Tony Blair was on course to win a third historic victory today, but with a much reduced majority.
Both the Conservatives and Liberal Democrats were set to make gains across the Midlands, as the votes were counted last night.
Even before the declaration of the result, the Liberal Democrats said they had seized Birmingham Yardley from Labour. The seat was previously held by former Education Secretary Estelle Morris.
The result in Birmingham Edgbaston, which Labour had been confident of holding despite a strong Tory challenge, appeared to be extremely close, according to officials at the count.
Exit polls and early results suggested Labour's majority - 160 before the election - would fall by between 60 and 100.
Even a reduced majority would be an historic achievement for Labour, which has never before won three elections in a row.
But former Cabinet Minister Clare Short, MP for Ladywood, said she hoped the loss of a significant number of seats would force Mr Blair to change his style.
She said: "If there was a little more discussion, and respect for Parliament and all the different opinions in the Labour Party it might improve the quality of the Government. So, a reduction in the majority - but still a reasonable majority - that might be good for our Government."
Labour's Estelle Morris, former Birmingham Yardley MP and Education Secretary, insisted Mr Blair would not change direction. She said: "It means we can carry on with the reforms we have been doing." And John Reid, the Health Secretary, insisted Labour had been "hugely successful" in winning a third term, regardless of the majority.
The controversy over postal voting was re-opened last night as it emerged 59,000 people in Birmingham had applied for postal votes - but only 40,000 had actually used them.
Lin Homer, chief executive of Birmingham City Council, said she had no idea why 20,000 postal votes had gone unused.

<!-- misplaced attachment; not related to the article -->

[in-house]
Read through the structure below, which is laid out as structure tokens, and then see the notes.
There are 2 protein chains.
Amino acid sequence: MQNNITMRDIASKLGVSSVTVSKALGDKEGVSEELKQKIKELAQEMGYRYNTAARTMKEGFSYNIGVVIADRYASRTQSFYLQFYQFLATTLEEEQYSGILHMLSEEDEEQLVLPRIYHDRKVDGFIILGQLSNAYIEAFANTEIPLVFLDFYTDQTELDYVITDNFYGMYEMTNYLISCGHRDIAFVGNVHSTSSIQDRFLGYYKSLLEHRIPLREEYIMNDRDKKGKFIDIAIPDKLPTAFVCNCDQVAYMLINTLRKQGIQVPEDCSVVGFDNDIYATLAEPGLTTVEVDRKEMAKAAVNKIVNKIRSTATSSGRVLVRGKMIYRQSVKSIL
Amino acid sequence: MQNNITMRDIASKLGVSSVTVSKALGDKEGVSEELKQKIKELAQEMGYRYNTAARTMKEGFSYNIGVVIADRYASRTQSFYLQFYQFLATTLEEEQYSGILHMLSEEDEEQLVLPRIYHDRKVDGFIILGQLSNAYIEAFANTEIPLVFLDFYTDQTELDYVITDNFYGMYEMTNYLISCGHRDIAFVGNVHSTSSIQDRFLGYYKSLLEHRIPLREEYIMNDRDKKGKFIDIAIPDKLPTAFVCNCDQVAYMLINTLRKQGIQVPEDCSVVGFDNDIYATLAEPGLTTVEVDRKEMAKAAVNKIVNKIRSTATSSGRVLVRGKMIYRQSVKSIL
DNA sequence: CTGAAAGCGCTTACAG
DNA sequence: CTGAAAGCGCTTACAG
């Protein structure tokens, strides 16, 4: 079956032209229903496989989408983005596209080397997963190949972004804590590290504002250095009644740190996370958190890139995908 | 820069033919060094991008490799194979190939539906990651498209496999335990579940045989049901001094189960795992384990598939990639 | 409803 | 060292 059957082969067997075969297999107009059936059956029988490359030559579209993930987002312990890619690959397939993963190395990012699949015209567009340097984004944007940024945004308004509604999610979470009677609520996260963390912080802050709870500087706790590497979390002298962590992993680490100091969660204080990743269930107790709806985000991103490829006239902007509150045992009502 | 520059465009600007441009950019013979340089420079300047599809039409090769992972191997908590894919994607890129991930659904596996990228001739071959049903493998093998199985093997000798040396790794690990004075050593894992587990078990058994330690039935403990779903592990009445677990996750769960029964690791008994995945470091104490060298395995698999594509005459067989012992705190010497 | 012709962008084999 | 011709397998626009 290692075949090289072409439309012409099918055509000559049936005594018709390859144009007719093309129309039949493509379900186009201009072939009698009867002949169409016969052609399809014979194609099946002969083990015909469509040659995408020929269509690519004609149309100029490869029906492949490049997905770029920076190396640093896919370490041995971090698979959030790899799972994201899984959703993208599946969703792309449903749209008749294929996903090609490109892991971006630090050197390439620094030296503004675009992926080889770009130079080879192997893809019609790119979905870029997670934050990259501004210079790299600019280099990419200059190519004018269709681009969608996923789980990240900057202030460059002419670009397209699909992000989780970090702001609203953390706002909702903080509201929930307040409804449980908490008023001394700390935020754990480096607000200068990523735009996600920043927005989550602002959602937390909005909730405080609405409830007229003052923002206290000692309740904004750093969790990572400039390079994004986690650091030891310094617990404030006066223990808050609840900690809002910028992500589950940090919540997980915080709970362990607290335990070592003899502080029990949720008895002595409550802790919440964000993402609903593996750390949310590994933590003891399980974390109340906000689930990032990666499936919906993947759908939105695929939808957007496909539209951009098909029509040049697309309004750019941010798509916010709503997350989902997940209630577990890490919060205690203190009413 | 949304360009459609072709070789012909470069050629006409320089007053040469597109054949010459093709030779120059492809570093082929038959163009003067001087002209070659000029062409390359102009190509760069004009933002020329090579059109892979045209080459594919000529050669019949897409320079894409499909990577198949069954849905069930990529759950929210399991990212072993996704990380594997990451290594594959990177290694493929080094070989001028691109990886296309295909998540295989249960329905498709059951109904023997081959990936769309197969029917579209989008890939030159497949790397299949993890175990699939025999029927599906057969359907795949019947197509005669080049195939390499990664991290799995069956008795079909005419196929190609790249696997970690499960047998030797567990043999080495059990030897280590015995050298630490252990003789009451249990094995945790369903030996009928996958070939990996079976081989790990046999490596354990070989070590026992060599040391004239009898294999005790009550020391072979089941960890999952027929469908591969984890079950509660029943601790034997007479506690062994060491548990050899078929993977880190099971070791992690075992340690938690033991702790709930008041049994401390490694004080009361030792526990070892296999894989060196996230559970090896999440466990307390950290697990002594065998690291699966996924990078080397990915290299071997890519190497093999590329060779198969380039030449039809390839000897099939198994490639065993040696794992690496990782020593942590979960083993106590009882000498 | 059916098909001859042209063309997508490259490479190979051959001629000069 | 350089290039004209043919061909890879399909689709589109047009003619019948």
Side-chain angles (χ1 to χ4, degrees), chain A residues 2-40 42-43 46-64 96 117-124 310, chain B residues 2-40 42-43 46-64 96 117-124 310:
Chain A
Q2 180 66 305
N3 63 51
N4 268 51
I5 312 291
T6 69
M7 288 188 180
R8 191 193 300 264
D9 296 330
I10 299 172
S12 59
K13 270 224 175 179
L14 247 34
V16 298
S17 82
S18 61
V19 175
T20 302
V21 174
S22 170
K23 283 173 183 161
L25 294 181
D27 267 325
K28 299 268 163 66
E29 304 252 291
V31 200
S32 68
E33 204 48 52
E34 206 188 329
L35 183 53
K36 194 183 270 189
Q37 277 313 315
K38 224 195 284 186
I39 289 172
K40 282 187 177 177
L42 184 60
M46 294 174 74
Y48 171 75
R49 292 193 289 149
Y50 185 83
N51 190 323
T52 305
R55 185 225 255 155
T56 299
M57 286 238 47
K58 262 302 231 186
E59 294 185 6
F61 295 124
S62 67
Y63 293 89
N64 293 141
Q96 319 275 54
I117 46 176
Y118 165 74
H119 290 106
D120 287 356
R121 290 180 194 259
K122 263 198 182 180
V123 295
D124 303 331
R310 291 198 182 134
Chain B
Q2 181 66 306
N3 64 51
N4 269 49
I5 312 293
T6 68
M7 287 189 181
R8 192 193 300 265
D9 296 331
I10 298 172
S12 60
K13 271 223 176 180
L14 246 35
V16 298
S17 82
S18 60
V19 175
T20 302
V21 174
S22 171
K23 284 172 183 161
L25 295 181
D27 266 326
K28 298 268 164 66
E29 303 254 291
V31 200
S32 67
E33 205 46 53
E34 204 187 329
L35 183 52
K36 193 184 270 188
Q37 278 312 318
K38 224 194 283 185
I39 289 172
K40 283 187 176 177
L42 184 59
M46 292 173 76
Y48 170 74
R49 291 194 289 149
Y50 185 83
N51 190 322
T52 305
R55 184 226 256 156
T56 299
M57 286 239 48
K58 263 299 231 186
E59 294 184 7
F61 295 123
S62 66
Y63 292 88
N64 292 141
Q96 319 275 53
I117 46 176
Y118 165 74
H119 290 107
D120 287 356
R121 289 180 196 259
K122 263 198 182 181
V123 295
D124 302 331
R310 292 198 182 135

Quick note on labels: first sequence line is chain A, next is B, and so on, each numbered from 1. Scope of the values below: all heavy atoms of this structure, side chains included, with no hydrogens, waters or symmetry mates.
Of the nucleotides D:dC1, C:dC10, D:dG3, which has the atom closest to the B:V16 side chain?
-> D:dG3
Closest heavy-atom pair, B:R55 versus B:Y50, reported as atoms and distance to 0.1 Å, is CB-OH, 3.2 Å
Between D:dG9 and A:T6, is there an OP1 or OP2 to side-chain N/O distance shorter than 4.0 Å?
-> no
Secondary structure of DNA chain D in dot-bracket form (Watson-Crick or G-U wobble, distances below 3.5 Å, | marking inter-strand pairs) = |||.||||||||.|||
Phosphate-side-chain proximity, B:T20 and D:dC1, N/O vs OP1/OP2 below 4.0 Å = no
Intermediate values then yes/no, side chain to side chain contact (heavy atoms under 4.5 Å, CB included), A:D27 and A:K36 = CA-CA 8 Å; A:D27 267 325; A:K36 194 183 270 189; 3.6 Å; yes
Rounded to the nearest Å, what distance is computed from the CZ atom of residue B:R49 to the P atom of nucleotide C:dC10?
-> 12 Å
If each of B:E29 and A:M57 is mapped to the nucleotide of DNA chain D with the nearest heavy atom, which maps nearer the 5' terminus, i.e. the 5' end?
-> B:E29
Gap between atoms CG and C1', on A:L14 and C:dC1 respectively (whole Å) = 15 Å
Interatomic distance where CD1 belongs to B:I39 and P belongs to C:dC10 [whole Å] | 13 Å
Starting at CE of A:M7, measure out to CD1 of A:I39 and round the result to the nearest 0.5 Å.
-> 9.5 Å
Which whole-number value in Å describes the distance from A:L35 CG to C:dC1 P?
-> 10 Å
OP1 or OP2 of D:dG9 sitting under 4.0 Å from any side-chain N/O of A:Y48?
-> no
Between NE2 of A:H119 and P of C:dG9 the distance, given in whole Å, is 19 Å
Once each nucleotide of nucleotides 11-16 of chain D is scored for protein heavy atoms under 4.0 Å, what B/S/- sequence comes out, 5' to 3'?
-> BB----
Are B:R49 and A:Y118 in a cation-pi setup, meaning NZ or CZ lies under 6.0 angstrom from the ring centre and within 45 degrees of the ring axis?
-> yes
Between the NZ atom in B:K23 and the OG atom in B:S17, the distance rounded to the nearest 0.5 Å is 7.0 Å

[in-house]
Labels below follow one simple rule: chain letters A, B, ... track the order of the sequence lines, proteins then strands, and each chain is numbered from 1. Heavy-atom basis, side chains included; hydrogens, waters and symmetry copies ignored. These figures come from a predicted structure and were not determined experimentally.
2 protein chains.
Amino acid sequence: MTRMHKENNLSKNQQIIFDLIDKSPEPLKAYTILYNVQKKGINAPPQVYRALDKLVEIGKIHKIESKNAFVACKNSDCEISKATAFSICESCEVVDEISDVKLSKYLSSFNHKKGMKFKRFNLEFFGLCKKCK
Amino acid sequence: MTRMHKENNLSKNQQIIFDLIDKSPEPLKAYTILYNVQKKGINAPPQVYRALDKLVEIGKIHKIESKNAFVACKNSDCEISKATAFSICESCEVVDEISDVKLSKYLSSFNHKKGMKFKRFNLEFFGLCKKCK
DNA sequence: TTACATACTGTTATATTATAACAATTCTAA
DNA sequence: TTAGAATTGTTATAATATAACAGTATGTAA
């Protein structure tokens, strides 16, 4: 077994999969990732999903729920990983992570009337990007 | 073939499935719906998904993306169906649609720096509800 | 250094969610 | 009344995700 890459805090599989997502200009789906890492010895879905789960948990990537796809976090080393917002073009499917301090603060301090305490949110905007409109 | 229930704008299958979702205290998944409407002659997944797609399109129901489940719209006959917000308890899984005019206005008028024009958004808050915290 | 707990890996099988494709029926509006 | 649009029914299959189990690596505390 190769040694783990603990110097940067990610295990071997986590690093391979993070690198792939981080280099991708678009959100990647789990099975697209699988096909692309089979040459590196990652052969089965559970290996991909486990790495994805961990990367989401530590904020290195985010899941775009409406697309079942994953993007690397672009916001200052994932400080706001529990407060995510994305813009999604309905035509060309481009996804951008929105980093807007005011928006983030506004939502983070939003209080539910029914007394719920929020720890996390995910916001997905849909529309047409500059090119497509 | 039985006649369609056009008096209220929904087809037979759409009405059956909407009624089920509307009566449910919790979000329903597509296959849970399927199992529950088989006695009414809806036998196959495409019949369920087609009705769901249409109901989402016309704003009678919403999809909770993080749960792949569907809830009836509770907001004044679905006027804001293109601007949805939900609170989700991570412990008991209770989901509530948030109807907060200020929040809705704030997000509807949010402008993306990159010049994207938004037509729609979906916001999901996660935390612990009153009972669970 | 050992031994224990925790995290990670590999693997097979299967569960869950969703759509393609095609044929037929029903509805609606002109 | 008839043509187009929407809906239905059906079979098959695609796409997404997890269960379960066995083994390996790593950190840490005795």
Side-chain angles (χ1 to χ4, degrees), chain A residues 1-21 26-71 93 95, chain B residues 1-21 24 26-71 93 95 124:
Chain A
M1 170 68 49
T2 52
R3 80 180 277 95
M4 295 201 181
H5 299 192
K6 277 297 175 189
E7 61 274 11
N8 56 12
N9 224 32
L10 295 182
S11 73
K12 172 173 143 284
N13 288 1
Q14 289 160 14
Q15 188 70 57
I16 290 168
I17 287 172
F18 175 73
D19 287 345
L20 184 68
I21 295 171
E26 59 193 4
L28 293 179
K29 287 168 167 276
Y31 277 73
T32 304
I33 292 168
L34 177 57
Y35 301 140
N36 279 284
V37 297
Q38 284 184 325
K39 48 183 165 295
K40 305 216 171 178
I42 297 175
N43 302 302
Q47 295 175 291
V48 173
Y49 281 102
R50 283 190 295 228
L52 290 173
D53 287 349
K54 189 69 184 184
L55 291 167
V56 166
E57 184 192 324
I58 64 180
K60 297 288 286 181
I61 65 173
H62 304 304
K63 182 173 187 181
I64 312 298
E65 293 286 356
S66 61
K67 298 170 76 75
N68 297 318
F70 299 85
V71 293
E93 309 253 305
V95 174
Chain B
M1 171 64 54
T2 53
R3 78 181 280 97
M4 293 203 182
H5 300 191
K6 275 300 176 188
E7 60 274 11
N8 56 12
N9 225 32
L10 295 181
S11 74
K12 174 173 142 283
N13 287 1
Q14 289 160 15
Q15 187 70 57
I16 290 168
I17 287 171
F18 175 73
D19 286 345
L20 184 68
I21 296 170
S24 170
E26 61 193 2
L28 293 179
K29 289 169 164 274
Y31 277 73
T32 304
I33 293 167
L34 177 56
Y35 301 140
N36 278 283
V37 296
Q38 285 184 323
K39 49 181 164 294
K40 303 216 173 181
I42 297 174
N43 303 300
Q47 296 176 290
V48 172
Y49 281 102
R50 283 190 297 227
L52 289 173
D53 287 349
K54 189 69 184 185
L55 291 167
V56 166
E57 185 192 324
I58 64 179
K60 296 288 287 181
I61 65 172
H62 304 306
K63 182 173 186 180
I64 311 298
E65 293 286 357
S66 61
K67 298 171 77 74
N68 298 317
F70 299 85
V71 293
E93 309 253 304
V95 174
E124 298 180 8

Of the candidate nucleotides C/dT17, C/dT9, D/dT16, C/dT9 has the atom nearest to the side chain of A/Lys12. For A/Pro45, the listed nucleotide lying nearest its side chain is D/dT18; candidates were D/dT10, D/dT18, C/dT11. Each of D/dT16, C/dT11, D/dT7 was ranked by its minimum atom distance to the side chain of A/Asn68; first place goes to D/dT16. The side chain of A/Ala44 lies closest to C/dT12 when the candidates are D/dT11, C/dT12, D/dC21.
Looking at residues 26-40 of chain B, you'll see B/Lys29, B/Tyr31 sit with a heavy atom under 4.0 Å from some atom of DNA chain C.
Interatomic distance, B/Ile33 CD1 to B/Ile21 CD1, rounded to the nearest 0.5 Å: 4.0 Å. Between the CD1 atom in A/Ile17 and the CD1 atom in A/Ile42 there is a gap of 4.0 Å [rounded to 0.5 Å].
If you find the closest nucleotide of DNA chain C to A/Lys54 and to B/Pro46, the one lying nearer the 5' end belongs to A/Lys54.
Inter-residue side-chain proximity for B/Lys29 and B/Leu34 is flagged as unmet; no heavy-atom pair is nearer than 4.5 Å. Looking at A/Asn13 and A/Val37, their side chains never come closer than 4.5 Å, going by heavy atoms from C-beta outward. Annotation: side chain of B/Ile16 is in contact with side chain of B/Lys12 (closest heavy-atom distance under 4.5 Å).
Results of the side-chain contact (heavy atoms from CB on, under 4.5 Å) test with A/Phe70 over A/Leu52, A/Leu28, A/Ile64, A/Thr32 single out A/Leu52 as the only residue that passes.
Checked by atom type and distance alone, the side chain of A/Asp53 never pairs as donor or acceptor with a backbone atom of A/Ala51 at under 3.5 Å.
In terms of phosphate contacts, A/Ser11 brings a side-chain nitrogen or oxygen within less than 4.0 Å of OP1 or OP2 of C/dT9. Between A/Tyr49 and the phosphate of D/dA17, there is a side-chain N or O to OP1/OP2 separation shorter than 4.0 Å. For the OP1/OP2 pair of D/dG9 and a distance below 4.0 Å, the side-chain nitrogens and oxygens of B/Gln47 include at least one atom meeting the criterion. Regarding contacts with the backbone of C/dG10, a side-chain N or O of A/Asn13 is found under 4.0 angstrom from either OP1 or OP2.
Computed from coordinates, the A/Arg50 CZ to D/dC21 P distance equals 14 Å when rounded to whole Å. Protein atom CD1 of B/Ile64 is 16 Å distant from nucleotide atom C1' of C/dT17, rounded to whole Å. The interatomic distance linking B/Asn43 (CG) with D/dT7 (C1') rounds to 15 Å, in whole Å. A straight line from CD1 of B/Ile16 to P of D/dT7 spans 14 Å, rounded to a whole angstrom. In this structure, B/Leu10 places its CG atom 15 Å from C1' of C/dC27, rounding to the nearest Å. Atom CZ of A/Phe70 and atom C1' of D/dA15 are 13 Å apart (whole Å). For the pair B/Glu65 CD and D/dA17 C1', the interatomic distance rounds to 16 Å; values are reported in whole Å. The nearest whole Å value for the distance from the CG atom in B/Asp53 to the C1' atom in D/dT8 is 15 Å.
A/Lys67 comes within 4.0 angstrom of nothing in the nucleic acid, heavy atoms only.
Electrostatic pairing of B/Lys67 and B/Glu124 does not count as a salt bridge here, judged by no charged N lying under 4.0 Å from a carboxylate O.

Early West Midlands results to be announced included Wolverhampton South East, Wolverhampton North East and Dudley North, all of which were held by Labour with reduced majorities.
The Conservatives held on to their Birmingham stronghold of Sutton Coldfield.
If Labour wins the national poll, Mr Blair is expected to announce a Cabinet reshuffle before Monday.
Gordon Brown will keep his job as Chancellor after giving the Labour leader his full support throughout the campaign and David Blunkett, the former Home Secretary, will return to the Cabinet, but there are expected to be few other changes.
Mr Blair has insisted he plans to serve a full third term which, in practice, means at least three and a half years.
But a relatively poor result will provide encouragement to his enemies within the Labour Party who want him to quit much sooner.
Supporters of Gordon Brown, the most likely successor, were quick to insist that Labour's predicted victory owed as much to the Chancellor as to Mr Blair.
A Labour Government will push forward with legislation including a new ID Cards Bill, A Violent Crime Reduction Bill and a Work and Families Bill, extending maternity leave and pay.
Senior Conservatives were calling for Michael Howard to stay on as Tory leader, as early results suggested his party may have done much better than many expected.
Tory chairman Liam Fox said the party had fought a " disciplined" campaign, avoiding the splits of previous years.
He added: "I think the party's campaign has been the most professional and disciplined we have had for a very long time."